The leaning tower of Pisa was famously slanted for centuries before architects righted its stance. But there’s another leaning tower – this one is a Dutch church built in the 12th century. The Tower of Walfridus in Bedum is now Europe’s most crooked spire.
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The 120-foot tall Walfridus tower misses the mark by over 8 feet. There’s a bit of a competition going for the the honor of being the most crooked tower. While Pisa has been undergoing reconstruction and restoration efforts, it still leans 13 feet southwest; due to loose substrate and a mislaid foundation, it began doing so soon after its construction in 1173. (Pisa has a bit of swinger in it – initially it leaned southeast.) But a geometrician in defense of Walfridus, Jacob van Dijk, has found that if the two towers were the same height – Italy’s Pisa is 180 feet high – Walfridus would be a more pronounced spectacle.
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Pisa was carefully attended to in recent years and construction engineers were able to set it back by 18 inches. Experts say that will keep the infamous tower from toppling like a Jenga stack for at least 3 more centuries. The tower is a campanile, which is a free standing bell tower, and if you climb the 296 steps to the top (or 294, if you’re on the north side), you will see the two other buildings in the Pisa complex: a church and a baptistry.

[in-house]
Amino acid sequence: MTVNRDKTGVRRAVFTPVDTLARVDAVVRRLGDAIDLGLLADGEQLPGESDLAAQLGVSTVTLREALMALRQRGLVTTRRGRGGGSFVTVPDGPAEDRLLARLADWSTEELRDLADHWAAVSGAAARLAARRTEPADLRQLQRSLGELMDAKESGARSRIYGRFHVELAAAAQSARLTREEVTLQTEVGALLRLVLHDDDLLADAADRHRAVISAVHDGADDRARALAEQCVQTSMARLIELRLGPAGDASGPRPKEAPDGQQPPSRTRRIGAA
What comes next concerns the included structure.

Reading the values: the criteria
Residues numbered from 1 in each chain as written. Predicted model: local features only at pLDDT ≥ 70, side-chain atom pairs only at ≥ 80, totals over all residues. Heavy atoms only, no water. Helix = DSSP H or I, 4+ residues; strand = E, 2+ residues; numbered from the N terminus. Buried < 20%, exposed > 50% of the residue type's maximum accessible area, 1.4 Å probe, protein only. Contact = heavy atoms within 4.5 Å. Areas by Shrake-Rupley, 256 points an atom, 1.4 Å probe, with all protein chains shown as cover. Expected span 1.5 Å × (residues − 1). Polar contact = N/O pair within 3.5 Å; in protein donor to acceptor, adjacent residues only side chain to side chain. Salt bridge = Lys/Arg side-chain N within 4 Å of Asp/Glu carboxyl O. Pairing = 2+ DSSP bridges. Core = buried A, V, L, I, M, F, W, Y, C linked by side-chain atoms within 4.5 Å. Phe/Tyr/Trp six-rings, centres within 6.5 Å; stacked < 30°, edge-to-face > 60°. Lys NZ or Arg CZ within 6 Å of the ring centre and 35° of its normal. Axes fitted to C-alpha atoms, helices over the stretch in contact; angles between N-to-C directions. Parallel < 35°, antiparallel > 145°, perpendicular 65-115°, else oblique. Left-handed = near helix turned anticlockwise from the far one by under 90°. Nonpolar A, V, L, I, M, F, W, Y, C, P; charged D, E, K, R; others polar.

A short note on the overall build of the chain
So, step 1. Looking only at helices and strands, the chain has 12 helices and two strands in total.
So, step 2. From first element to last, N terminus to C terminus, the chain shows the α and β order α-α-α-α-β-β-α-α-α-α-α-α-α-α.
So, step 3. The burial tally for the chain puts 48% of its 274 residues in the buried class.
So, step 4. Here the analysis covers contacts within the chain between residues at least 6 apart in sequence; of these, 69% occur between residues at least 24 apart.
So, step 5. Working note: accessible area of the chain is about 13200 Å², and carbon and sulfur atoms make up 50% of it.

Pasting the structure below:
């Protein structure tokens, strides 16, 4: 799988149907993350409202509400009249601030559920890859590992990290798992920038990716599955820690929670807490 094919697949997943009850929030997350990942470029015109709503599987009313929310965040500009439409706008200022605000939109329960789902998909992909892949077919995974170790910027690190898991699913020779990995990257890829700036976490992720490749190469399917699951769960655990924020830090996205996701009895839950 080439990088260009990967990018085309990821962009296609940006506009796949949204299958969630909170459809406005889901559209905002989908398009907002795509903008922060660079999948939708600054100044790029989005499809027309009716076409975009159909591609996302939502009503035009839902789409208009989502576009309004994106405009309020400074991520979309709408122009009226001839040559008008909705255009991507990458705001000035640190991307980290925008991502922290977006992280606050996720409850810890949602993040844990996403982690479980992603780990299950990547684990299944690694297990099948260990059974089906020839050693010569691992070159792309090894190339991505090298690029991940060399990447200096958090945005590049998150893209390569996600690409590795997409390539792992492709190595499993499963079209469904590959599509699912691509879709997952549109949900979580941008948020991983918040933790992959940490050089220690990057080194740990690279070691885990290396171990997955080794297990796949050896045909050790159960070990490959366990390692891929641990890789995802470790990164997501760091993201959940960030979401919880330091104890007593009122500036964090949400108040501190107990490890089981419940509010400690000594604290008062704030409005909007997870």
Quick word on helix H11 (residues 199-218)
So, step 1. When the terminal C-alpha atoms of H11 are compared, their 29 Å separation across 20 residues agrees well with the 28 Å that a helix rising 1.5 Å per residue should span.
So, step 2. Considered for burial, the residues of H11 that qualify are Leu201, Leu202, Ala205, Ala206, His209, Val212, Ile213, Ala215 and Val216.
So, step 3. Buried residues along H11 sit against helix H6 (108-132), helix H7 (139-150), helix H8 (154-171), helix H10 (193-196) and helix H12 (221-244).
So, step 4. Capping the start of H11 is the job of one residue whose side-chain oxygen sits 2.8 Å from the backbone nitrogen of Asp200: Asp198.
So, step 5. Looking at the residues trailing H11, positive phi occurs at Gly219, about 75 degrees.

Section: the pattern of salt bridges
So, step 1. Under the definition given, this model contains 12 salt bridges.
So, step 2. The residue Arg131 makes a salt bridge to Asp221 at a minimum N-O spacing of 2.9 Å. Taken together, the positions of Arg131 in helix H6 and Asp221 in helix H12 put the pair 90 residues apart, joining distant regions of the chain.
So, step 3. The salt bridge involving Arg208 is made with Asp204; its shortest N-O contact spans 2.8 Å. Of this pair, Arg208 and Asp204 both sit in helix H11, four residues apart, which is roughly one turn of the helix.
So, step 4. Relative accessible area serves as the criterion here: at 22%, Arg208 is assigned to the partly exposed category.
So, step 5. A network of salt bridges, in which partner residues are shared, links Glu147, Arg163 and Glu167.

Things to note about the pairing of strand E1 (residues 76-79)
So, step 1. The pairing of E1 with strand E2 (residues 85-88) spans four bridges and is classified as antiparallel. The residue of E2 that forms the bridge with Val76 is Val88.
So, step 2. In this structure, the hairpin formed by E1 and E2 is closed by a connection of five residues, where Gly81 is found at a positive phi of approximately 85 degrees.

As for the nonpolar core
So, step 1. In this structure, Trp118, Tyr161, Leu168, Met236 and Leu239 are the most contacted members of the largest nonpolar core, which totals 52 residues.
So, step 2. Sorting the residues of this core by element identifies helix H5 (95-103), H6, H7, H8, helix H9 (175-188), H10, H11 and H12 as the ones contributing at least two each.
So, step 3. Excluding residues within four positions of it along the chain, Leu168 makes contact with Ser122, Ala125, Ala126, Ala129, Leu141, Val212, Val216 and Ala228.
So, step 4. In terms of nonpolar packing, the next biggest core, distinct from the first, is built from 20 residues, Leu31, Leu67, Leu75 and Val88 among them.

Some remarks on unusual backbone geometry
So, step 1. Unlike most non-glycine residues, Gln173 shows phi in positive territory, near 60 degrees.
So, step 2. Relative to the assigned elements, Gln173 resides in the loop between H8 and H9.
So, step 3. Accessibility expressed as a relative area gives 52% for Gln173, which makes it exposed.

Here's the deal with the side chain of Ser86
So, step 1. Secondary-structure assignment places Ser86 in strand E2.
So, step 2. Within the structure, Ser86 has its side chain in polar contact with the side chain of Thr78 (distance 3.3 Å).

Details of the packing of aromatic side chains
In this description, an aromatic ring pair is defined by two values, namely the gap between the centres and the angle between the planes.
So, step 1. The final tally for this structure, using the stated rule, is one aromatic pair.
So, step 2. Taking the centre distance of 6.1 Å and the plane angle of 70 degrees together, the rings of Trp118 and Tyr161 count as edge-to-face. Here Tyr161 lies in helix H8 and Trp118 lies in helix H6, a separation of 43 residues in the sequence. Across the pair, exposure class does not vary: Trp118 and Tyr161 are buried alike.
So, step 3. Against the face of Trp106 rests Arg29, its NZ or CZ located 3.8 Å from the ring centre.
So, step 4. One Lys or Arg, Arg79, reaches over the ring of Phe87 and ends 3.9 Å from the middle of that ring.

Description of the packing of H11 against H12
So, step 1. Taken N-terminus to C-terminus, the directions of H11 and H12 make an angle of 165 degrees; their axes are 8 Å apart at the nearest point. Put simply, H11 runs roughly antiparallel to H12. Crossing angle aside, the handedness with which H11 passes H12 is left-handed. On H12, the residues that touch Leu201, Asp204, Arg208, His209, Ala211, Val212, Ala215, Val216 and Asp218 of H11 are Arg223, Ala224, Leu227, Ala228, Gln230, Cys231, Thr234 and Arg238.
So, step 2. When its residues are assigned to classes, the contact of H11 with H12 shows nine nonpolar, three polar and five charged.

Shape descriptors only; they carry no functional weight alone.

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Though Pisa steals the limelight, Italy is actually full of leaning towers. Two towers in Bologna, Torre Asinelli and Torre Garisenda, both tilt noticeably. Asinelli is an imposing 330 feet and leans by 7. But Garisenda was actually never completed – though at 165 unfinished feet listing by 10 feet, it could have given Walfridus a run for its Fail. Leaning buildings happen around the world for a number of reasons: earthquakes, substrate settling, poor building, and age. The U.K.’s Canterbury is famous for some of its leaning buildings, including the King School Shop.